Dan Melamed has uploaded a video in which he shares how he can delete any video present on Facebook. Of the hundreds of thousands of hours that users spend on Facebook every day, videos of kittens, funny falls and magic tricks increasingly represent a greater portion in the time that we dedicate to this social network. But someone has had in their hands the possibility of throwing down virtually any video posted on the social network.
Dan Melamed, a computer security expert at New York University, has discovered by chance that Facebook has a way to take control of any video posted on the social network, regardless of who uploaded it. Simply touch up a piece of code and add a couple of numbers; From that moment, it is possible to have absolute control of any video uploaded by another person.
Melamed realized this Facebook security flaw while he was uploading a video to his social networking page. At that time, while the video was being sent to Facebook servers, our protagonist noticed a flashy code snippet that managed to arouse his interest.
What this security expert discovered led by curiosity was a failure that could have supposed absolute chaos in the social network. And the worst thing about it is that it is not the first time that something similar happens on Facebook, but this time the failure passes through a completely different security hole – easier still to carry out.
As proved – and demonstrated in video – Melamed using an invented victim, Facebook – a security bug that allowed to take advantage of the upload of a new video to supplant the identity of any other video posted on the social network.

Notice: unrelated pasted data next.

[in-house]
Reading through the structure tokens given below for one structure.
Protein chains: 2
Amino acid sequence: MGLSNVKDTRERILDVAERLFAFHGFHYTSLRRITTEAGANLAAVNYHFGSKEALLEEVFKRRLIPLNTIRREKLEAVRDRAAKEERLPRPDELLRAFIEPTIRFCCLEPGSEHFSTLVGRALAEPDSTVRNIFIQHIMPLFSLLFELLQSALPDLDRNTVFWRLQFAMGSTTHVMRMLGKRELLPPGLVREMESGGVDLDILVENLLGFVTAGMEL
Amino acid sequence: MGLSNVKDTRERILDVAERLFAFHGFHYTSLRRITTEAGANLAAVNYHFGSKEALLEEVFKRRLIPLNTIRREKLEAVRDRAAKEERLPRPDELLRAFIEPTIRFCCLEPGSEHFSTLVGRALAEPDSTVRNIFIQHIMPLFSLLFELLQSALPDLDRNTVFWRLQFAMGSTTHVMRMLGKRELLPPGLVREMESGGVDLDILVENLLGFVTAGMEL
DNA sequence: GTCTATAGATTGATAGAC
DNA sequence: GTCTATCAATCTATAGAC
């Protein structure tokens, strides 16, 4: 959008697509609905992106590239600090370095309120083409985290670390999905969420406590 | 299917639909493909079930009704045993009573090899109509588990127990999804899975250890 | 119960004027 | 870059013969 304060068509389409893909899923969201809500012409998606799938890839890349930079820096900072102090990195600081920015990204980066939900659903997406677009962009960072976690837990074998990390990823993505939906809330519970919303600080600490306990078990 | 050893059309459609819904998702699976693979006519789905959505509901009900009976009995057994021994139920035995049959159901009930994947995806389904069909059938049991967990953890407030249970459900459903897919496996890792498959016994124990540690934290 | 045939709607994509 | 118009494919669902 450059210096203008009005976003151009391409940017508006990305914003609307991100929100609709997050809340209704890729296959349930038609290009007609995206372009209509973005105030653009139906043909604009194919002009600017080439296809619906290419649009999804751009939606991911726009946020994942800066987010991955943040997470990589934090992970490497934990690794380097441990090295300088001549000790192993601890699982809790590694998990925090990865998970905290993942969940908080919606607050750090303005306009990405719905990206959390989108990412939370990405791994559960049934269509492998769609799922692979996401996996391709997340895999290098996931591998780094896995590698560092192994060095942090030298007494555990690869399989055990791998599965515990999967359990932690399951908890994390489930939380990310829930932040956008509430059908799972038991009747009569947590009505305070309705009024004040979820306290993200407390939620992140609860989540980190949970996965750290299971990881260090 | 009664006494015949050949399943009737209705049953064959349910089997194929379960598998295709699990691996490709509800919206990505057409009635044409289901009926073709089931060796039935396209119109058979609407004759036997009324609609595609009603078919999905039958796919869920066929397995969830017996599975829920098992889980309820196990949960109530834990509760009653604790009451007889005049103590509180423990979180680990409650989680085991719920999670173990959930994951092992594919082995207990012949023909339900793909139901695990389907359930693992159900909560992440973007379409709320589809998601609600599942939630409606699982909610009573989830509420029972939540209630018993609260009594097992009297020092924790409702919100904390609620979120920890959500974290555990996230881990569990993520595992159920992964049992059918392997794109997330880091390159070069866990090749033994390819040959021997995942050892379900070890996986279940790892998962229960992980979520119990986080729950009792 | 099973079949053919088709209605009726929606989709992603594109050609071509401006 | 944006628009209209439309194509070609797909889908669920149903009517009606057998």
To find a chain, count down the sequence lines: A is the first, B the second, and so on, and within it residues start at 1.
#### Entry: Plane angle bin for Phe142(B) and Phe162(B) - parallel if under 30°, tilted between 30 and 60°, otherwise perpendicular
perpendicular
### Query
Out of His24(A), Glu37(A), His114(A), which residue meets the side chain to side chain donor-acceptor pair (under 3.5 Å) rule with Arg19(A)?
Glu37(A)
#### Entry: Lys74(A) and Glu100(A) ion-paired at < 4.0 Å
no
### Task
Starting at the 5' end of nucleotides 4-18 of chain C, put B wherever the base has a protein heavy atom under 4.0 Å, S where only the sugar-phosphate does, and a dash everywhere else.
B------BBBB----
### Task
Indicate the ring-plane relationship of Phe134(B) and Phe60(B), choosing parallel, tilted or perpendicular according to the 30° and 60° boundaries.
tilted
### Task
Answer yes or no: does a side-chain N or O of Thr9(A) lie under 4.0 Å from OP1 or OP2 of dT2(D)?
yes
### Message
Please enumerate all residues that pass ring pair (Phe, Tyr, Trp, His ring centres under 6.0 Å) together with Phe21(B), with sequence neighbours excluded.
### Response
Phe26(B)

To impersonate any video of another person, it was enough to interrupt the upload of a new video to replace a snippet of code with the number that identifies the video of our victim; From that moment, all the management of the video is in the hands of the attacker. The attacker could block all comments to erase the video completely, all with the same ease as if it were a video uploaded from its own account.
The code fragment that allowed us to take advantage of this security hole was not exactly difficult to understand: in the part of composer_unpublished_photo  = Video ID , a piece of code that appears while uploading a video to the social network, that Melamed did was to change the word “Video ID” by the ID of the victim’s video.
Fortunately for everyone, Facebook has already solved the security bug that allowed to delete any video. The good guy Dan Melamed preferred to get in touch with the social network rather than squeeze the ruling in his favor, and in return received the not inconsiderable sum of $10,000 by Mark Zuckerberg’s team.
The security bug in question was reported at the end of June last year 2016, and by mid-July Facebook had already solved the problem. Zuckerberg’s may not be as transparent as they should be on certain issues, but it can not be denied that security of the social network is often taken very seriously.